Ramon Laureano can spit out pretty easily the name of perhaps the most famous junior college product to reach the Major Leagues.
"I know about Pujols," said Laureano, now in his first full season with Corpus Christi. "But Pujols is Pujols."
Beyond Albert Pujols, who played at Maple Woods Community College in Kansas City before starring with the St. Louis Cardinals and Los Angeles Angels, Laureano doesn't know much about the path from a junior college to the big leagues. He's not interested in knowing more, either. For Laureano, the journey from Northeastern Oklahoma A&M -- which has produced four MLB players, including D-backs pitching coach Mike Butcher -- has never seemed that daunting.
"My goals are higher than my mind-set," he said. "They're higher than anybody's, I believe."
His performance is starting to match those lofty thoughts, too.
Drafted in the 16th round by the Astros in 2014, Laureano took so well to the early stages of pro ball that he played the final six weeks of last year, his second full season, in Double-A.
Laureano hit .319/428/.528 with 15 home runs and 73 RBIs between Class A Advanced Lancaster and Corpus Christi in 2016. Nicknamed 'The Machine,' he followed that up with six extra-base hits in 12 games in the Arizona Fall League before his first stint in big league Spring Training. A full year of consistent hitting at multiple levels and leagues helped him enter this season ranked fourth among Houston's position-player prospects and the team's No. 8 prospect overall.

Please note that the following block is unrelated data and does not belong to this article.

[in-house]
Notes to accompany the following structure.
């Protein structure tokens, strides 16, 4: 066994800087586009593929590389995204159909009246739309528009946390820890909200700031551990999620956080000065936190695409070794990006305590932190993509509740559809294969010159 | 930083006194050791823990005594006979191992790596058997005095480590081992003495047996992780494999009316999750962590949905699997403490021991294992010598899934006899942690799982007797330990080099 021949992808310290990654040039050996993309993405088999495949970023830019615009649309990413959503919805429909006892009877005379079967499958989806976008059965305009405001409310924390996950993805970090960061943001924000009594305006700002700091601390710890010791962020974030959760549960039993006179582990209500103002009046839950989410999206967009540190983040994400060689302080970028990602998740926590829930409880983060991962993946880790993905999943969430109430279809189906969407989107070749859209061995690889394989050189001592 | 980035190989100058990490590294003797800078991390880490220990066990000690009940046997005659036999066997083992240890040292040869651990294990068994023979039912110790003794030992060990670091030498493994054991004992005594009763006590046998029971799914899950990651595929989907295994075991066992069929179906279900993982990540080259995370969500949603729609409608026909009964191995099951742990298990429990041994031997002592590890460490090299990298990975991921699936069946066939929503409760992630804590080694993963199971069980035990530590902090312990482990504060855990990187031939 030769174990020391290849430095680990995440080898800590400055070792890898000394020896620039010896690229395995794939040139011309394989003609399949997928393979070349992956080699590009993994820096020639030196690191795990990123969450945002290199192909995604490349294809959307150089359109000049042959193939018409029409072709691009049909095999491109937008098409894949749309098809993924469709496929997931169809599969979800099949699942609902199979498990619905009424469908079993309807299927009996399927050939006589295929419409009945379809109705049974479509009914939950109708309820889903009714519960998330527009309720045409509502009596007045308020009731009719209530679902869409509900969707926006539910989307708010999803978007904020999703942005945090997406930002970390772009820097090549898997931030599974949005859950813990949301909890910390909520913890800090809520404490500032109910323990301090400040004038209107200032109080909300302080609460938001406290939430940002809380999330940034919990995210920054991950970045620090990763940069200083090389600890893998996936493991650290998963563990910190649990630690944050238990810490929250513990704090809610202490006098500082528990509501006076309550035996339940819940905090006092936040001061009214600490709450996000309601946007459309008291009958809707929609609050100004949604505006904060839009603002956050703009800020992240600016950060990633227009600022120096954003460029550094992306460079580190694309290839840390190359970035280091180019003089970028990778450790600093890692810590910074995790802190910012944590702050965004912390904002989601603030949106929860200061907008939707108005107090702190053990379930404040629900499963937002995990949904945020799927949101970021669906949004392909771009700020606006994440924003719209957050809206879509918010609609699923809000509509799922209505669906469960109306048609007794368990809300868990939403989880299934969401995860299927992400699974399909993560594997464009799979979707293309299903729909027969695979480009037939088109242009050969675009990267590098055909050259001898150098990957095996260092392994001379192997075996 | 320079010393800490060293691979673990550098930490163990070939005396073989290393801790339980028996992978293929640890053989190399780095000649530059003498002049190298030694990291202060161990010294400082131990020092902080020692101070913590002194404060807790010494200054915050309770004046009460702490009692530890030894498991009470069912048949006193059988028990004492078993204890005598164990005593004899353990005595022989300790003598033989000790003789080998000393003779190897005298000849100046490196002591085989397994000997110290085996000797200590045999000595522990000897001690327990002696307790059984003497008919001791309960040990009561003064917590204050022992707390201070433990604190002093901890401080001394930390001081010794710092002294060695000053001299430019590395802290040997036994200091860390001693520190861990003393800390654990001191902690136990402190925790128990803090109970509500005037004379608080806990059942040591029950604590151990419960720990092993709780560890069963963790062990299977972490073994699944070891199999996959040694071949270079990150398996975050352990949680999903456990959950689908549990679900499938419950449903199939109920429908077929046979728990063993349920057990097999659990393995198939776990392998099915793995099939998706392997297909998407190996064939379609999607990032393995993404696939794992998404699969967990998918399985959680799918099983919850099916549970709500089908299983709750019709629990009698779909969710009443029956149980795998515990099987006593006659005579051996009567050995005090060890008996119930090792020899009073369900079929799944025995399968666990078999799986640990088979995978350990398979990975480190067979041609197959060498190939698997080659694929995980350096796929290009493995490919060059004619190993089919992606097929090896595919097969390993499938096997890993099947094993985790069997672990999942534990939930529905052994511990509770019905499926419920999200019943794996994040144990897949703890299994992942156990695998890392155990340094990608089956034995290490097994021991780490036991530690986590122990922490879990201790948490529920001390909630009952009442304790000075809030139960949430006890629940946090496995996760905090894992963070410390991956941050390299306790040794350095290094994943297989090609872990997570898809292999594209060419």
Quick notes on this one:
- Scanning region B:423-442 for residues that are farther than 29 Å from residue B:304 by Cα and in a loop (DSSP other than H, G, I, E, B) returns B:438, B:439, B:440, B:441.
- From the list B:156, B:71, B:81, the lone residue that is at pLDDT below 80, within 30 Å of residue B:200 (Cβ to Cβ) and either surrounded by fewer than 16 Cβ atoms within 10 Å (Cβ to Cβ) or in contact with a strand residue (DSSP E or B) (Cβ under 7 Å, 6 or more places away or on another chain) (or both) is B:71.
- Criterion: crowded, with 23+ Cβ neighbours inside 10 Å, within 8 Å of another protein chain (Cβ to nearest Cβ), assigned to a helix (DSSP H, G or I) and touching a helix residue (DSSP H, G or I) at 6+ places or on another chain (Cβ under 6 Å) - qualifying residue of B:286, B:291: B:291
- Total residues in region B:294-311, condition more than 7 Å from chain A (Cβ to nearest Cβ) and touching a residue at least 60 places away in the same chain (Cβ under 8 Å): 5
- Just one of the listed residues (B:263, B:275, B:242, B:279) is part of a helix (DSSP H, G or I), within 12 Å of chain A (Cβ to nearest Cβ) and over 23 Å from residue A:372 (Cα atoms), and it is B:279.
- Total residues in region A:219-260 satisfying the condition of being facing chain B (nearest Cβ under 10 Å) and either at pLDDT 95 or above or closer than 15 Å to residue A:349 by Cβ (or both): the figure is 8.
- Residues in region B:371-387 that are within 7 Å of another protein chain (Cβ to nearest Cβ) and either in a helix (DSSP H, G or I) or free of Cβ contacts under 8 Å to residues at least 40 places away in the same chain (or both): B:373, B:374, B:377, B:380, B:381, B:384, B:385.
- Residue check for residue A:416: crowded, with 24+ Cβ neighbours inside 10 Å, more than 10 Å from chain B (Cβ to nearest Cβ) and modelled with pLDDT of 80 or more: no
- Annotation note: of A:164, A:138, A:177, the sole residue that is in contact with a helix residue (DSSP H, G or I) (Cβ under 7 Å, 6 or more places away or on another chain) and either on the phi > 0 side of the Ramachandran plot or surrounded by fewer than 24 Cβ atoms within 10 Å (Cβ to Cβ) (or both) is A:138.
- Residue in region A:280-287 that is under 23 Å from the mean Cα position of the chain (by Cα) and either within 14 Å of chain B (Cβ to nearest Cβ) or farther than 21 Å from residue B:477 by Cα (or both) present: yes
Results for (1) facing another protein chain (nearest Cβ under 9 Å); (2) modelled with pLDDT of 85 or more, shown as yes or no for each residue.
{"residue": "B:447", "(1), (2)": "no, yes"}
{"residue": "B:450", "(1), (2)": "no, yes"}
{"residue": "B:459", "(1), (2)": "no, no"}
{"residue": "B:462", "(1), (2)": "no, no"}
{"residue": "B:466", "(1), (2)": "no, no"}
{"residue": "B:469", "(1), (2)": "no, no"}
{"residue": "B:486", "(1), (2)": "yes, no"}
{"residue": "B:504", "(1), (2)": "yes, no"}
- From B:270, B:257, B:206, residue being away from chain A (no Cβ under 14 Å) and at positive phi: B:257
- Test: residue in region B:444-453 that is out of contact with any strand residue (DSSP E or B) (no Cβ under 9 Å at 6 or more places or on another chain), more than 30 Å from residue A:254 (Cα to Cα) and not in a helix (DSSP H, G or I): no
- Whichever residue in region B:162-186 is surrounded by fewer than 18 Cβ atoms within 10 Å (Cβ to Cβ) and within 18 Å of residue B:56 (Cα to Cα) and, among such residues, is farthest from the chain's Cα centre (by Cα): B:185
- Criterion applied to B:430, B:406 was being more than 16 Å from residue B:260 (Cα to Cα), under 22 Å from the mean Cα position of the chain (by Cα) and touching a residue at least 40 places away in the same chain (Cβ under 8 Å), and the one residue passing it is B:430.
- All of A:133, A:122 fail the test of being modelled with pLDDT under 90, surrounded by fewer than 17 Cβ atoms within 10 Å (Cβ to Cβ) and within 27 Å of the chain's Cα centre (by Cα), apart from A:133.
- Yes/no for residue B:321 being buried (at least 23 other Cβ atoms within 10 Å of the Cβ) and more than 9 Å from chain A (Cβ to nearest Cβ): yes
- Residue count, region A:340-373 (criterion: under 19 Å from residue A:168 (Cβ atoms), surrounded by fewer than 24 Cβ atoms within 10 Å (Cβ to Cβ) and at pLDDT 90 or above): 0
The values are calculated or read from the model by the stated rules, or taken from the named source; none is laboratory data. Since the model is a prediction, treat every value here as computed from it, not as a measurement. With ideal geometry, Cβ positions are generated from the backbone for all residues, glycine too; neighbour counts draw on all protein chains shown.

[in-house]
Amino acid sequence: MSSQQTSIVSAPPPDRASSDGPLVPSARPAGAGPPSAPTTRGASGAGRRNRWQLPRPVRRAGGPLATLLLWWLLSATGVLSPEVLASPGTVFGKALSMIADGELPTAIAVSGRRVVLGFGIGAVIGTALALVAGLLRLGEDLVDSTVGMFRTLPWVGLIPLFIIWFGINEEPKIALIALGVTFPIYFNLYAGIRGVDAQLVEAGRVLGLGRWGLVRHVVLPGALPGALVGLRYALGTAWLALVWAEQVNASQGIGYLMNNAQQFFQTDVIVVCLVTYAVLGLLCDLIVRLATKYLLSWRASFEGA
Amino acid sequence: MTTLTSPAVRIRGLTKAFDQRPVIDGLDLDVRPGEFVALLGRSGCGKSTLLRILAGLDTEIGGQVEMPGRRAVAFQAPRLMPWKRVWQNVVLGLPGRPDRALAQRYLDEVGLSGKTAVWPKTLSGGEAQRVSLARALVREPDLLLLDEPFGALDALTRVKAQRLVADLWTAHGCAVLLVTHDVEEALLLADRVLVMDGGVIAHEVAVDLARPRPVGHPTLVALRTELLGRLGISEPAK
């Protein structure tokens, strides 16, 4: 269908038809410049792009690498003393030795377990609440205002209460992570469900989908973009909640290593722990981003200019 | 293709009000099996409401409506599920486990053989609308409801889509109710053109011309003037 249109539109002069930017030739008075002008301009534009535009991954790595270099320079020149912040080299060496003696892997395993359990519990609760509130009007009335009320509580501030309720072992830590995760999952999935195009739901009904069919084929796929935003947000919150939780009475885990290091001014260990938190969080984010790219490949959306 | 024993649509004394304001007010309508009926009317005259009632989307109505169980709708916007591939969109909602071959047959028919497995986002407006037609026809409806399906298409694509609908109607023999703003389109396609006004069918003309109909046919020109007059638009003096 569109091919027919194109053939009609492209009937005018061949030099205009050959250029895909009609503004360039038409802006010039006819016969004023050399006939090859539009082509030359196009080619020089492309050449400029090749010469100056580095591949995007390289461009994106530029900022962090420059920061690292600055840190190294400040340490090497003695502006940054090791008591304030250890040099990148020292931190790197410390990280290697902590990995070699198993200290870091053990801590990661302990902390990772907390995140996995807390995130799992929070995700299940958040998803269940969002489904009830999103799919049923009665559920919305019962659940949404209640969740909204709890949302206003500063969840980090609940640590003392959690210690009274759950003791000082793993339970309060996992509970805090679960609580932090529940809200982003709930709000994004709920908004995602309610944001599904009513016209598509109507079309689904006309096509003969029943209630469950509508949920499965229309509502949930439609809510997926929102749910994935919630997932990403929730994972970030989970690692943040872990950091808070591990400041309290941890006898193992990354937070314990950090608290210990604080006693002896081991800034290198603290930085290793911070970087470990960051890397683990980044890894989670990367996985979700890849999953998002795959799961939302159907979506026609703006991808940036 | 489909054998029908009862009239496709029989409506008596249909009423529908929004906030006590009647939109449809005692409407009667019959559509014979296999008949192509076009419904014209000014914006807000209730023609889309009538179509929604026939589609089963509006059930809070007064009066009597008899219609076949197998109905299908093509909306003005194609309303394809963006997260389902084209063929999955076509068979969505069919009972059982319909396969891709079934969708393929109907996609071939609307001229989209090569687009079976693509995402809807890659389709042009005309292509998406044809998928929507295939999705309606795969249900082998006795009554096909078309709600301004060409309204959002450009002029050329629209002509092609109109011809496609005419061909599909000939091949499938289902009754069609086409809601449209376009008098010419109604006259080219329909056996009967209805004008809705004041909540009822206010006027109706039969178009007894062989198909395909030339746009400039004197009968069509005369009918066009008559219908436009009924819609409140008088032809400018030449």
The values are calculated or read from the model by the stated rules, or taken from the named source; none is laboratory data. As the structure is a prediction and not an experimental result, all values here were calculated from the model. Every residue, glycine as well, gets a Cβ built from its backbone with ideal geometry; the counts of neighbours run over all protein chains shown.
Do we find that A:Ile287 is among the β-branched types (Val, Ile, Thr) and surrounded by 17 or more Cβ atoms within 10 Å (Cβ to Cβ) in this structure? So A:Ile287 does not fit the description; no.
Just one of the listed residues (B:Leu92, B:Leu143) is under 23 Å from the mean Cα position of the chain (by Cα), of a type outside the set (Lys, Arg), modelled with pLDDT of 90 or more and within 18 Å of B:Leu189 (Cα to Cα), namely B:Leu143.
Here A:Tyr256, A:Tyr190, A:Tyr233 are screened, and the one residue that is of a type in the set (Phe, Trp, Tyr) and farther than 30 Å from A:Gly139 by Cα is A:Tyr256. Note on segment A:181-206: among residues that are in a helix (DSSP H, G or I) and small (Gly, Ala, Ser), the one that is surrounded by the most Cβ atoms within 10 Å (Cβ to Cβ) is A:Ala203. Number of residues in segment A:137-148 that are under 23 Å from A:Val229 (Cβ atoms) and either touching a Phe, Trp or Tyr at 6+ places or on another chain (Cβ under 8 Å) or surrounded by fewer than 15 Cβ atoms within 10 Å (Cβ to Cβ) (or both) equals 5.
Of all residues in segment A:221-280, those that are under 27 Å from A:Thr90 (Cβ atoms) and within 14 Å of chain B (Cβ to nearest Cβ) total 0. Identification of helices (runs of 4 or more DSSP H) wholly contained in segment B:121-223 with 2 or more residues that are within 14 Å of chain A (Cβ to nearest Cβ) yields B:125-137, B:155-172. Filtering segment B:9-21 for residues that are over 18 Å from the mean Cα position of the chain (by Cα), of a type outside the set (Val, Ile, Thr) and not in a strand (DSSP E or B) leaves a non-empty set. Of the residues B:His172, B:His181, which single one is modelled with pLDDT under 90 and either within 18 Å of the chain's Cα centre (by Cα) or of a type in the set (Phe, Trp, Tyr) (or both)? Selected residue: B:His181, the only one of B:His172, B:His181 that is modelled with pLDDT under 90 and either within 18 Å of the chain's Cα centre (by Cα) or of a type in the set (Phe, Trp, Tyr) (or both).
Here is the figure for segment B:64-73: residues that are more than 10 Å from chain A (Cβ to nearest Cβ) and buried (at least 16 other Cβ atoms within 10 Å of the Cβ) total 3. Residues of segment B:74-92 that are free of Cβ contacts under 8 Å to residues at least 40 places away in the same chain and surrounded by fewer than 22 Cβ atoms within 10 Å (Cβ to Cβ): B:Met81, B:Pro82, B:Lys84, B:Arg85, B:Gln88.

Now he's back in Corpus Christi for what he expects to be a full season at the Double-A level. Does he feel pressure to follow up last season's success with even more this year? Hardly.
"Last year is over," he said. "It happened. I don't remember anything from last year. That's my thought process."
It's a mind-set Laureano said has helped him make a smooth transition from junior college to where he is now so. The key to moving so fast, he said, is trying not to hurry.
"Be patient and trust the process," he said. "It's going to show over a long period of time. It's not going to show in a couple of weeks. You just have to stay patient."
Video: Corpus Christi's Laureano blasts first homer
That's been needed already this season. He was 2-for-21 and went 13 consecutive at-bats without a hit through the first five games. But he hit safety in seven consecutive games entering Thursday -- a 10-for-34 stretch that includes his first homer of the year -- showing the look of a player comfortable with his surroundings.
"I don't want to say I'm a little bit more relaxed, but yeah, I'm a little bit more relaxed," he said. "I'm just working on the things I need to do to get to the next level, which is the big leagues."
Starting off right: The Seattle Mariners are new to the Texas League this year after affiliating with the Arkansas Travelers in the offseason, and two of their top prospects have had no trouble adjusting. Right-handers Andrew Moore (0.47) and Max Povse (0.48) rank second and third, respectively, in the league in ERA. Moore, the Mariners' No. 4 prospect, is 1-0 with 16 strikeouts in 19 innings pitched, while Povse, ranked fifth, is 3-0 with 18 strikeouts in 18 2/3 innings.
Solid return: The highest-ranked prospect to start the season in the Texas League has lived up to his lofty rankings so far. Yohander Mendez, a left-handed pitcher for the Frisco RoughRiders, is 1-0 with a 2.53 ERA and 10 strikeouts in 10 2/3 innings. Mendez ranks second in the Rangers system and No. 52 overall. The 22-year-old played for four teams last season, including two appearances with Texas in which he gave up six runs in three total innings.
Rios rolls along: Edwin Rios hit a combined 27 home runs on three different teams last year, and now he's turning his attention to Texas League pitching full time. The Tulsa Drillers' corner infielder, ranked 22nd in the Los Dodgers' system, is among the league's hottest hitters to start the season. His three home runs and 17 hits entering Thursday are tied for the team lead, and he's hitting .340 with a .365 on-base percentage and .600 slugging percentage.